Jane's many pals include, briefly, Sam Elliott as Wild Bill Hickok and, throughout the film, Floyd Red Crow Westerman as No Ears, so named because he lost both ears in a battle. "He don't make sense," Bartle says of him, "but he ain't never wrong." Arriving on the scene late in Part 1, Peter Coyote gives a rousingly robust performance as Buffalo Bill, who glides effortlessly from living the legend to merchandising the myth.
On occasion Huston falls victim to a pitfall built into playing any whip-crackin' female; she gets a touch too cute and coy about it. And Huston has her work cut out for her when the story stalls or spins its wheels, or gets silly (Jane shooting up a London pub, or barging into a stuffy men's club in her buckskin togs). When you get right down to it, "Buffalo Girls" is really "The Miscellaneous Misadventures of Calamity Jane," lacking shape and momentum, and yet even when it's lulling, it isn't boring. The arid patches may actually enhance the overall texture.
For the most part, just watching the characters interact is pure pleasure -- sometimes rollicking, as when Jane and Dora dance to "Buffalo Gals" at the end of Part 1, and sometimes wrenching, as when the two friends must part, or when Jane finally meets the child to whom she wrote all the letters we hear her reciting on the soundtrack.
If the characters leapt off the page in McMurtry's book, they leap off the screen in the TV version. Prepare to clasp them to your bosom, or whatever it is you clasp people to.
Cynthia Whitcomb adapted the book, making it less of a downer and turning a character who was imaginary in the novel into a real person, which seems an improvement. Director Rod Hardy knows how to make the dialogue crackle and also how to put over the big visual moments, such as a scene in which Bartle and Jim watch hundreds of Indians disappear into the distance as they leave the lands that once were theirs.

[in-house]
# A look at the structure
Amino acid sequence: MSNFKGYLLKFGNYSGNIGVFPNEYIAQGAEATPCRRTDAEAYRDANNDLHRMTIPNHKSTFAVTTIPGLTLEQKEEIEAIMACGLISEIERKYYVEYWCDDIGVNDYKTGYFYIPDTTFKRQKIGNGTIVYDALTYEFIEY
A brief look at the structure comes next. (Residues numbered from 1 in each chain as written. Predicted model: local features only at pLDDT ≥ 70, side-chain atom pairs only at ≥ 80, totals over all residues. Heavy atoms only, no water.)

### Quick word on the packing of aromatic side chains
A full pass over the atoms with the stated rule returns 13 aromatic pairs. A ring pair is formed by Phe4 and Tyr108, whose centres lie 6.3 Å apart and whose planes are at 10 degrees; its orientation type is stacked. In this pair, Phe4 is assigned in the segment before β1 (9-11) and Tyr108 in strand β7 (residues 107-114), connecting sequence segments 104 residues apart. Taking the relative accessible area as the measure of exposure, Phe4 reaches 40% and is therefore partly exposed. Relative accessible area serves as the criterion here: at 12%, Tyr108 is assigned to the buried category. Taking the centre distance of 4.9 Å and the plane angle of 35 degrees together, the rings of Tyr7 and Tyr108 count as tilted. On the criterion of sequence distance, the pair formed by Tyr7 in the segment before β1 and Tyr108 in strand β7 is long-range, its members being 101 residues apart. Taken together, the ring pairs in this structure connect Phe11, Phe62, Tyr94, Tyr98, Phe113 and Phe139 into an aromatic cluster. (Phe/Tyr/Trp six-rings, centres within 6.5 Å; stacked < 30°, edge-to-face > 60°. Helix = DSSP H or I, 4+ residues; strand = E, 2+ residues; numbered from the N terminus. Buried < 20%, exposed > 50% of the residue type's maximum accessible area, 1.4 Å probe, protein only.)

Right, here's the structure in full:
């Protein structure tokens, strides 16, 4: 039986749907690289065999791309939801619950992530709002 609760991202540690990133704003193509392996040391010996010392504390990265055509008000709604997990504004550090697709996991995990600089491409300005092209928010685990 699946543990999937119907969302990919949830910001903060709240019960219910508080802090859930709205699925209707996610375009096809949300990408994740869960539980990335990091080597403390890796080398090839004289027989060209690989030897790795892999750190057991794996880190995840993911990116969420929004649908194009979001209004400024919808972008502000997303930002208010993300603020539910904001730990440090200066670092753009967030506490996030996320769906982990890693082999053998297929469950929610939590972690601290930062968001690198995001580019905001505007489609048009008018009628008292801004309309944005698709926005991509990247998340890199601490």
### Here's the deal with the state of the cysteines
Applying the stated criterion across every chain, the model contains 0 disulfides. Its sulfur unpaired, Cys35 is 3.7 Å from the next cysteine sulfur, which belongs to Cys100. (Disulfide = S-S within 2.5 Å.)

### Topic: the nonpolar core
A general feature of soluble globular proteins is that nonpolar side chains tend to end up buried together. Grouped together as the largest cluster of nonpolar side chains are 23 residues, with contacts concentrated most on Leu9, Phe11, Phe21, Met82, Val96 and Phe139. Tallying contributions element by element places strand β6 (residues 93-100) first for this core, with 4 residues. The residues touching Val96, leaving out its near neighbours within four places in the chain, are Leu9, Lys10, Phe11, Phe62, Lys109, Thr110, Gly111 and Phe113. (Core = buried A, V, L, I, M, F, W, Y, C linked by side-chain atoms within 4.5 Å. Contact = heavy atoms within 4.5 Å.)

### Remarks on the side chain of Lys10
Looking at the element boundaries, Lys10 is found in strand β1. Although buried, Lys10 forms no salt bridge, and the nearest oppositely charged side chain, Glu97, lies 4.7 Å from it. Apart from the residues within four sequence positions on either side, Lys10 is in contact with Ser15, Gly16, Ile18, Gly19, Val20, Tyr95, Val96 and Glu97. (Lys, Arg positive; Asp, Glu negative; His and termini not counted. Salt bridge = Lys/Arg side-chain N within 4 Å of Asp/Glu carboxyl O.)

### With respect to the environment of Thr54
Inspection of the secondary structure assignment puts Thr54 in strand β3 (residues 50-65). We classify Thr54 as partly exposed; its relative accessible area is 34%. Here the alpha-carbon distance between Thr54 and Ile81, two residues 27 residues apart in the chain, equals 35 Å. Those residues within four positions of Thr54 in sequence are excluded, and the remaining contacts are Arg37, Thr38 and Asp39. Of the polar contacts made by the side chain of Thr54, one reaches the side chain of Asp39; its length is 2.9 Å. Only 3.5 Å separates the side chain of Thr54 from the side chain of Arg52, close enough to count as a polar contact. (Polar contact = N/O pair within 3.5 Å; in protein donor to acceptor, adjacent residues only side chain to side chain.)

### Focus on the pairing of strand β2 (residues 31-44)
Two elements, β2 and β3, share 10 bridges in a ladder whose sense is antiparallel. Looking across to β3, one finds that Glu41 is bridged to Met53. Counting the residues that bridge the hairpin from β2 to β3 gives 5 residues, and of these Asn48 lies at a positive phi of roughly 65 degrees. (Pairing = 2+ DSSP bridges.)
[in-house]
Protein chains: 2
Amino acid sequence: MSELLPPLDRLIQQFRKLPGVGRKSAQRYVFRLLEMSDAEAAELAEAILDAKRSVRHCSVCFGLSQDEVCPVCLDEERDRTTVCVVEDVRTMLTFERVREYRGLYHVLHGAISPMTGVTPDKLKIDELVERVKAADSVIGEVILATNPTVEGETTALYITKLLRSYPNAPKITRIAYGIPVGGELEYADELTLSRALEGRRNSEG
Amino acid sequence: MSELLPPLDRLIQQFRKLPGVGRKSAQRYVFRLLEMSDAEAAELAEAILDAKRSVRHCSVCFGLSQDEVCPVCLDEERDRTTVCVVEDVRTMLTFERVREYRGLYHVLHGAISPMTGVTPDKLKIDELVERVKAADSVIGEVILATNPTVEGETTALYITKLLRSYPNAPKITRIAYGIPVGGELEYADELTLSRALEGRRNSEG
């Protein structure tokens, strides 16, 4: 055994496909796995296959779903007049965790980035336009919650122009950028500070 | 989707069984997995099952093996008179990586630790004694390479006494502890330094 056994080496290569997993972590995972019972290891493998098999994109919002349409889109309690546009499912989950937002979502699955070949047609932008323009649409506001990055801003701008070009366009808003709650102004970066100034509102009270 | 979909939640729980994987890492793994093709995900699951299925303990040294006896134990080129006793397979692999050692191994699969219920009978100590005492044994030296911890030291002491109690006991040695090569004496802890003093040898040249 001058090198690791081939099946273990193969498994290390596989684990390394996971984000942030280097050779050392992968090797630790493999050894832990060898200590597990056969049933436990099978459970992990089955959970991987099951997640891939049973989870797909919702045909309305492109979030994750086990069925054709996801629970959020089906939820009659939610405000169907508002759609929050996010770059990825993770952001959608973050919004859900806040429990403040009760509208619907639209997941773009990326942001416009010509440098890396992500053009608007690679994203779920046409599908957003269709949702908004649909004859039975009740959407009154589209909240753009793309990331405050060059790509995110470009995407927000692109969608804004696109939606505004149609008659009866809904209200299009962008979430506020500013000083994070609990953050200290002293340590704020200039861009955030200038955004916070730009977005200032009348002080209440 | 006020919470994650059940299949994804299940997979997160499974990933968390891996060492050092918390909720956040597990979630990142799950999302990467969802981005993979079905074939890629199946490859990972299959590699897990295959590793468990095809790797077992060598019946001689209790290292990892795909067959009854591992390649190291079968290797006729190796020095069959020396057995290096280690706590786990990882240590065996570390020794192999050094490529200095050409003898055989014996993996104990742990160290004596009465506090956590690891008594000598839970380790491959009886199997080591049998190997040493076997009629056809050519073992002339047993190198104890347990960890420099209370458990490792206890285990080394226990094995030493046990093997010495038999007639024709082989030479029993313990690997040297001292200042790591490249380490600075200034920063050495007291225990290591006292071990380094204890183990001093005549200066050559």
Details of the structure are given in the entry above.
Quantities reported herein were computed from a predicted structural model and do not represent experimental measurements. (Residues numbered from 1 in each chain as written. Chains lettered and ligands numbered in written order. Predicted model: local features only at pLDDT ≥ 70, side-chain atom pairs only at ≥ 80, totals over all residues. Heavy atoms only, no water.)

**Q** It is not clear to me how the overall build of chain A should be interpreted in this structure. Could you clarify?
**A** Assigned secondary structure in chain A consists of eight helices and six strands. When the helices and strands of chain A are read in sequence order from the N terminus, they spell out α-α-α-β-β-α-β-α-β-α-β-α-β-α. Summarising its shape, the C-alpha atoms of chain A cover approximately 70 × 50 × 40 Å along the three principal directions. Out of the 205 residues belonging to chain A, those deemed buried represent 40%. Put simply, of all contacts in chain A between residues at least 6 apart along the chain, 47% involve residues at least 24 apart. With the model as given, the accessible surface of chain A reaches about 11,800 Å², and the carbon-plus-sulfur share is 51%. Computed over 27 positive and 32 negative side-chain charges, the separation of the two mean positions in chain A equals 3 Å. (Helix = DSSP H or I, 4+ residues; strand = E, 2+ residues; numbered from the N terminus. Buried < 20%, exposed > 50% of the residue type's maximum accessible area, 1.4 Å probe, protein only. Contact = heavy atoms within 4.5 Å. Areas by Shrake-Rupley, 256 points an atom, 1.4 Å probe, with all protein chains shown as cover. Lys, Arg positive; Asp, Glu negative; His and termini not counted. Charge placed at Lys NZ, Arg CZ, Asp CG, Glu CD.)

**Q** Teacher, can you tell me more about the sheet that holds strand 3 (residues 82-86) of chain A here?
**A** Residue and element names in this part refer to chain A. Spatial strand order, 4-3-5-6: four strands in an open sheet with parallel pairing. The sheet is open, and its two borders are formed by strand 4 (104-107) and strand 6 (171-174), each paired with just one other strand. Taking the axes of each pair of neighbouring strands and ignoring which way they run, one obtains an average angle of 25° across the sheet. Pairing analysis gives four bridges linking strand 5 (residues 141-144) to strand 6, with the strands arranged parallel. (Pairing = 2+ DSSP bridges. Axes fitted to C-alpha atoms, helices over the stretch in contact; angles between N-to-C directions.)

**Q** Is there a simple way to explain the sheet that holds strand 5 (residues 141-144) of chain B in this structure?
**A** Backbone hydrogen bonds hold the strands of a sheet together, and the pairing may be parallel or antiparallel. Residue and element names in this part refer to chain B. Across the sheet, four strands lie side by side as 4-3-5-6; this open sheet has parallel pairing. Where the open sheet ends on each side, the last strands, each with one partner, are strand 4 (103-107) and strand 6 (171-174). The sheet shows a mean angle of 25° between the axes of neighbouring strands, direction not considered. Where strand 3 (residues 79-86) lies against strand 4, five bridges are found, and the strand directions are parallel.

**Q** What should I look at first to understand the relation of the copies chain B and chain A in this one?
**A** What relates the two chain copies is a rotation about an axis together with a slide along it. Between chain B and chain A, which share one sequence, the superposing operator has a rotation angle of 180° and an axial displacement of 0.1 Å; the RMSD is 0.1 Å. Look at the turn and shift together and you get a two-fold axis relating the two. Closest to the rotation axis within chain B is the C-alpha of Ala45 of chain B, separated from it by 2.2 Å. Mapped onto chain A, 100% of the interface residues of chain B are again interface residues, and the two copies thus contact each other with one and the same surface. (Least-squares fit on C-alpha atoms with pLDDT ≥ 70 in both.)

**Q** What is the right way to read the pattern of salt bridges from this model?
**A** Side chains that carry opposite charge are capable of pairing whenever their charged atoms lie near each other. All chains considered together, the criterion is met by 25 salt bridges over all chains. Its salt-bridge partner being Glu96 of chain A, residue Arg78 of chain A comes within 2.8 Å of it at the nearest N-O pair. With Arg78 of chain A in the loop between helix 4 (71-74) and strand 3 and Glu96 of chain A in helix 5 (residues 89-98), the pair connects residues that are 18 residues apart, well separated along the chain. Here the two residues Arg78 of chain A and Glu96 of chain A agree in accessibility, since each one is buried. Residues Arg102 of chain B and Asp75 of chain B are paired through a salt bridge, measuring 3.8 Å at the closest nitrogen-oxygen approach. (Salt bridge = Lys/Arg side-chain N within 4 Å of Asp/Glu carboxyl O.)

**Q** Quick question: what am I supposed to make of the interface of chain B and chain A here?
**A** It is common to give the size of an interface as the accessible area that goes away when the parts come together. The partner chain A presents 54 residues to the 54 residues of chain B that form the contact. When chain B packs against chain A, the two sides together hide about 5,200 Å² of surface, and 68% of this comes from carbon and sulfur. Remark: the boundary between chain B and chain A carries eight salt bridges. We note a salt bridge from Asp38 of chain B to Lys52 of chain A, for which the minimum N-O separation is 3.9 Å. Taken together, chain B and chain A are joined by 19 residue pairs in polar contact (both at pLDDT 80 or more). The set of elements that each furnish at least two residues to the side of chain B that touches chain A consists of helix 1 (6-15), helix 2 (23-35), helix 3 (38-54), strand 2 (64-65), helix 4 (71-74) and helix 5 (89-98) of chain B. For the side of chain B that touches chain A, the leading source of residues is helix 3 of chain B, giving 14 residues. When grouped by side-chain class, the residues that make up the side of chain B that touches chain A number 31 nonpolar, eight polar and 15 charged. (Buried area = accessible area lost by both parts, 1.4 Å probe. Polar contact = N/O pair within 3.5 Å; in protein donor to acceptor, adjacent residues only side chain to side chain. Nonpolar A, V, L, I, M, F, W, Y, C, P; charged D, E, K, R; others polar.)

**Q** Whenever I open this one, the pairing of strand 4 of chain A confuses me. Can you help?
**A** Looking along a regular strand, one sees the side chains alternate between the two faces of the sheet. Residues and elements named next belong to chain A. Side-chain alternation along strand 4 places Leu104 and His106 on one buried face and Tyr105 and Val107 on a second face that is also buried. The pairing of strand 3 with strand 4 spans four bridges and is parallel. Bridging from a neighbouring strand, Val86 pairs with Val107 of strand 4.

The image alone says more than a thousand words of hand-wringing rhetoric.
Produced by essentially the same team that made the TV classic "Lonesome Dove" -- including executive producer Suzanne dePasse -- the miniseries is rich in virtually every aspect but story line. "Return to Lonesome Dove" was such a feeble sequel to the original that it seems only fair to consider "Buffalo Girls" the real sequel, at least until McMurtry's official sequel, "Streets of Laredo," becomes a miniseries too. The themes of old ways passing and the cruelties of change were there in "Lonesome Dove."
When first encountered, Huston as Calamity Jane is pretending to be a man, a ruse that ends when she bathes in a pond and her breasts show through her long underwear. "I lived like a man and sometimes even passed myself off as one," she says in her narration. "It gave me a kind of freedom that few women ever knew."
"Buffalo Girls" is about that freedom and freedom itself, as well as about the waning of an era and the indomitability of women. Huston, Griffith and McEntire make it not just bigger than life but, at times, better. CAPTION: Anjelica Huston and Melanie Griffith in Larry McMurtry's "Buffalo Girls." CAPTION: Reba McEntire as Annie Oakley, Peter Coyote as Buffalo Bill Cody and Anjelica Huston as Calamity Jane in "Buffalo Girls."